Do email campaigns really work?
22 Feb 2012
First, let me explain what I mean by campaign. In this context, a campaign is a series of promotional email messages that share a single idea and theme. They are likely to form part of a wider integrated communication strategy and their purpose is often awareness of a new product or service.
Today’s digital marketing ecosystem is complex. Search and social play such an integral part in consumer communication that we need to reduce the frequency of push of messaging (short-lived campaigns). Instead we need to think about communications that encourage interaction, sharing and ongoing dialogue between liked-minded individuals – outside of your brand’s control.
Consumers wary of promotional messages
Email marketers today need to be mindful that 90% of people trust peer recommendations, and only 14% of people trust advertisers. Marketers will only produce successful email campaigns if they understand this delicate balance.
The average customer is increasingly tuning out promotional messages and leaning more on social media and word of mouth. That’s because they’re accustomed to finding information when and where they want it. Eighty percent of marketers plan to increase the volume of digital projects, according to the Society of Digital Agencies (SoDA) 2011 report.
So with email volumes set to increase again this year, email campaigns need to be much more than a simple generic broadcast medium.
The key ingredient today is people – the same SoDA report highlights that consumer behaviour is driving the shift in digital investment (email included).
Email campaigns: what’s really working today?
- Email campaigns that invite participation and recognise the influence consumers, service users, buyers and customers have
- Relevant marketing that speaks to the needs of the recipients: “it improves my life, so I will pay attention and give you my business”
- Marketing focused on meaning rather than just permission to market that delivers great experience from email click to mobile site and beyond.
When do email campaigns work?
Maybe then the question is: when do email campaigns really work? The answer is when they have the right call-to-action links that promote audience behaviours beyond a single clicked link in the email. This might seem odd and out of step with the age-old direct marketing mantra, “deliver the right message, at the right time, to the right people”, but it is now time to think in terms of behaviours, dialogue and shared content.
Ask yourself: What behaviours will the calls to action within your email prompt now and in the long term? Does your campaign start a dialogue and allow for the sharing of ideas and themes? Or is your email campaign a single thought with little to stimulate interaction beyond the first link clicked above the fold?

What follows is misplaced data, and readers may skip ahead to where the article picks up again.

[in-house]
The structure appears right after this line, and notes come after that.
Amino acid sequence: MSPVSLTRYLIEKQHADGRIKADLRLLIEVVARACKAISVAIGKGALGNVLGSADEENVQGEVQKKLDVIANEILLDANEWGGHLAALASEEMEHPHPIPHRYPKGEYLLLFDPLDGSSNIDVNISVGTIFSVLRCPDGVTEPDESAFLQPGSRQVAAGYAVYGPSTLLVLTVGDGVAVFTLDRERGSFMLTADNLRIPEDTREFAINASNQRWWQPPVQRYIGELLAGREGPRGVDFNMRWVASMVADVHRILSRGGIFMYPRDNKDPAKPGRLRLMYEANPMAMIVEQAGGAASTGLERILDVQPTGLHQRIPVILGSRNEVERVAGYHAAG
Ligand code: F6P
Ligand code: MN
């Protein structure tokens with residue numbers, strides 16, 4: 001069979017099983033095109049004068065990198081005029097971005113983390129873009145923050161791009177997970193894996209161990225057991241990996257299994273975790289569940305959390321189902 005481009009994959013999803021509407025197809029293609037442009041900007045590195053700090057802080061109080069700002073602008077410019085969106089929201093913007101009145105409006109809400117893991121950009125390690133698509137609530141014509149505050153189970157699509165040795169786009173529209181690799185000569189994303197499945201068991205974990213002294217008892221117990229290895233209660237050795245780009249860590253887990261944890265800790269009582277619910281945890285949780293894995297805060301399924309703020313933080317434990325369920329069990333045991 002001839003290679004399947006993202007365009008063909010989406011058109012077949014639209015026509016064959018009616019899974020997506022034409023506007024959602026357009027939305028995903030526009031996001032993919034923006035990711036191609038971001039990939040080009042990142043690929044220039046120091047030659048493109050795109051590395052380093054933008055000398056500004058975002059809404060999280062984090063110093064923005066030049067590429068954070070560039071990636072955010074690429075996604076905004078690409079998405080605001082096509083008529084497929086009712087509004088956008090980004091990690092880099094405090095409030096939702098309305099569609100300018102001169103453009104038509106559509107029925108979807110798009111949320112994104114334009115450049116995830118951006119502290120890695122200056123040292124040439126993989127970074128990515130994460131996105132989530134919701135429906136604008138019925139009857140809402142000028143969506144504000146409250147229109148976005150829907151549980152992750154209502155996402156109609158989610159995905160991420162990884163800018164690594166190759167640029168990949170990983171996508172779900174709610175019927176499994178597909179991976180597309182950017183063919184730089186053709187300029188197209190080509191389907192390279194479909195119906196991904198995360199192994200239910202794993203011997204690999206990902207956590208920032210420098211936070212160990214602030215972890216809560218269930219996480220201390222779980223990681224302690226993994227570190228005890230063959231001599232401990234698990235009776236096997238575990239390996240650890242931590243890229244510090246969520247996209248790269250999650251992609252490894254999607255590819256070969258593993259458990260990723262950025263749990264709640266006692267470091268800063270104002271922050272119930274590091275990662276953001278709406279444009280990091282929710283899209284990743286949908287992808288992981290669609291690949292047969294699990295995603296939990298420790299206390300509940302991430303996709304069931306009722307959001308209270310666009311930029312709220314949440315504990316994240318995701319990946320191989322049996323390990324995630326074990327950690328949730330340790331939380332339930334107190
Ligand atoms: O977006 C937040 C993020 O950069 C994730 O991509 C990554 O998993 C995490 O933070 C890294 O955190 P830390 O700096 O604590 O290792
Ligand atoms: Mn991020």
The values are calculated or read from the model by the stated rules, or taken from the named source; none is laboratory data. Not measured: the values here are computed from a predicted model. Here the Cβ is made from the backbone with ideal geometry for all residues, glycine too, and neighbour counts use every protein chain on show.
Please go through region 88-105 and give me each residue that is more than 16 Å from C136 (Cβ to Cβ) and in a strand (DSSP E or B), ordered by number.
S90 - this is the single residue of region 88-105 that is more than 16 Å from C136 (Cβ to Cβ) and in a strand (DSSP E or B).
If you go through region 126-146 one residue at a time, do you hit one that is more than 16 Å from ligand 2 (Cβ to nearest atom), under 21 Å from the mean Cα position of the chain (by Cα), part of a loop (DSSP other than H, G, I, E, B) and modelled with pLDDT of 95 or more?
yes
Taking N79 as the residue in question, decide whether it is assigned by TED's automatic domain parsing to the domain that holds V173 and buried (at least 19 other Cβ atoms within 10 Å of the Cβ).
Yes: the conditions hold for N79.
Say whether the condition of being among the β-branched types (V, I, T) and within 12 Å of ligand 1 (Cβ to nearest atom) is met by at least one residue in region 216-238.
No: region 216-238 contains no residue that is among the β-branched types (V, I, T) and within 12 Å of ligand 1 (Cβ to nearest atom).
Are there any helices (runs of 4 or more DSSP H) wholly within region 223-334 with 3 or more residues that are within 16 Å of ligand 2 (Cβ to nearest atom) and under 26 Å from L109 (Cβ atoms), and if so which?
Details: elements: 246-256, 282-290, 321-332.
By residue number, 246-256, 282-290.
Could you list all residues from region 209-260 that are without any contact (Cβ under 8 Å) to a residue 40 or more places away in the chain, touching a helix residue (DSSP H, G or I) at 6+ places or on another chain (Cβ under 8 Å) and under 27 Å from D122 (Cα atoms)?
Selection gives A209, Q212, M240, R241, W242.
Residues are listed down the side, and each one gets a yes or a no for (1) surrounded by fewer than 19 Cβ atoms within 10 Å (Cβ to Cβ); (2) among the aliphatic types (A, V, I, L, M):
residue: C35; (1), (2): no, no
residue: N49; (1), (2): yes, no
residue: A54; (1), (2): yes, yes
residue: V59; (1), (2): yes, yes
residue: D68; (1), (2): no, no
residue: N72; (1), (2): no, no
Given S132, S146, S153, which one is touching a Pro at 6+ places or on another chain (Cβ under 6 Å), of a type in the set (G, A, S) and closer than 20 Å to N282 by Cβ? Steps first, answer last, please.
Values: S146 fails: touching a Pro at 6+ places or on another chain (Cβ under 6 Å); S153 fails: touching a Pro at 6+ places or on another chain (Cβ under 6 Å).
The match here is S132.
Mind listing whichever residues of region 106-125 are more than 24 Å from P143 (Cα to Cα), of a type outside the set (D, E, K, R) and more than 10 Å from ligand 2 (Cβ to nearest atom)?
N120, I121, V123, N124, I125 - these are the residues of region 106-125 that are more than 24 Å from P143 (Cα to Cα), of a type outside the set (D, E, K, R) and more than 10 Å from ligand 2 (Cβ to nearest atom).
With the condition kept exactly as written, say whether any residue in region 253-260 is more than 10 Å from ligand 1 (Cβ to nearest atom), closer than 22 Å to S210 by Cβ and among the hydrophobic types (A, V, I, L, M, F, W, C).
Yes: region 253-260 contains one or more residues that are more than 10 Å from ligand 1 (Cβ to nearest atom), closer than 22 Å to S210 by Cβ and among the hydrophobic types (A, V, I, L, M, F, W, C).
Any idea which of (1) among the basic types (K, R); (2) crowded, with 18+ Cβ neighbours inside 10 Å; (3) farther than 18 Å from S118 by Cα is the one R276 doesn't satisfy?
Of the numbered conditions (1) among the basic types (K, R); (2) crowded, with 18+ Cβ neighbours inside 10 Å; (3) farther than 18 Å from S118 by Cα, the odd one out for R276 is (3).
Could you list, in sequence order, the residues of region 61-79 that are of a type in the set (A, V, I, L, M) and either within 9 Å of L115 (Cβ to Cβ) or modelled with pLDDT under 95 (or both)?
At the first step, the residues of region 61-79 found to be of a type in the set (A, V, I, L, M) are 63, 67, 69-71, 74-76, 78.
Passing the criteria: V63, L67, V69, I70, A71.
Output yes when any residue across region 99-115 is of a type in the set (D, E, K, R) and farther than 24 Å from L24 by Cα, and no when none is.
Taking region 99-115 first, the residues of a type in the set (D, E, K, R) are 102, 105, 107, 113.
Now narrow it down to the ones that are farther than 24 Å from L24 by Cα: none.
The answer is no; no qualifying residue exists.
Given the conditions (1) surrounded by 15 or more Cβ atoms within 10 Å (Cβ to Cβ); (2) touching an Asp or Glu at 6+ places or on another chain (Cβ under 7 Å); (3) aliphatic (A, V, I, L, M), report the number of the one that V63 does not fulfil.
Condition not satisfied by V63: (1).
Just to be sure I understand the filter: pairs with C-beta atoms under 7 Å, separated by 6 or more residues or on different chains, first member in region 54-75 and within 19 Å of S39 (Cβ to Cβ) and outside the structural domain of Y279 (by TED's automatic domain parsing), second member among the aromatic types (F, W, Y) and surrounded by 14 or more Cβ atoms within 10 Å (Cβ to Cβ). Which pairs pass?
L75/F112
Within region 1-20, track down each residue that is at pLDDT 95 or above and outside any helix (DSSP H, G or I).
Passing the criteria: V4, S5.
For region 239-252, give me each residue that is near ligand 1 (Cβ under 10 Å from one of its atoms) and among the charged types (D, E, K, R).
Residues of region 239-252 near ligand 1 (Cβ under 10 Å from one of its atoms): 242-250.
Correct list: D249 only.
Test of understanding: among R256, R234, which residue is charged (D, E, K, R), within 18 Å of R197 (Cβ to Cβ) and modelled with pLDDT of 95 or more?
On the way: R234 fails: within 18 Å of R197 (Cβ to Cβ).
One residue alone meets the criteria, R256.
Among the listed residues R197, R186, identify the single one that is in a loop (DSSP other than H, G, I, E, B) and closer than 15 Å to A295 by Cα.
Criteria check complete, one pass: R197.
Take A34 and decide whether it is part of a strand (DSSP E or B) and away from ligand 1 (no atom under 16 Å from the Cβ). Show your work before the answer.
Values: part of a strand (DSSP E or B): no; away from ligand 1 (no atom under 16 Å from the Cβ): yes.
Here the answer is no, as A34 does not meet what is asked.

Here a great example from Marketing Sherpa’s Email Awards:
In 2010, Susan G Komen Global Race for the Cure® campaign won “Best in Show B2C” for its use of data analysis from previous years which helped them segment messages based on affiliation, attitude and behaviour.
The results are compelling: the 2010 campaign raised more money with fewer total participants than in 2009, challenging the notion that higher volumes create better results. The segmentation strategy focused on the people by understanding past response behaviours, affiliations with the cause and attitudes.
How to maximise the effectiveness of your email campaign
- Know the exact purpose of your email campaign and design for it. If the purpose is awareness, create opportunities for sharing the content. If the purpose is promotion create a smooth user experience from email to purchase
- Design calls-to-action links that are “fit for purpose” and say more than “click here”. Design for the types of behaviour that will stimulate an immersive experience well beyond your email campaign
- Kick-start a conversation with customers and buyers by creating opportunities to share and interact with content.
Use social connections to leverage subscriber relationships: Allow your engaged subscribers to ‘co-create’ content and spread your message through social links within the email campaign – and connect with new prospect followers within their networks.
Deborah Womack, Senior Director, relationship marketing, Possible Worldwide, Twitter: @TheLadyD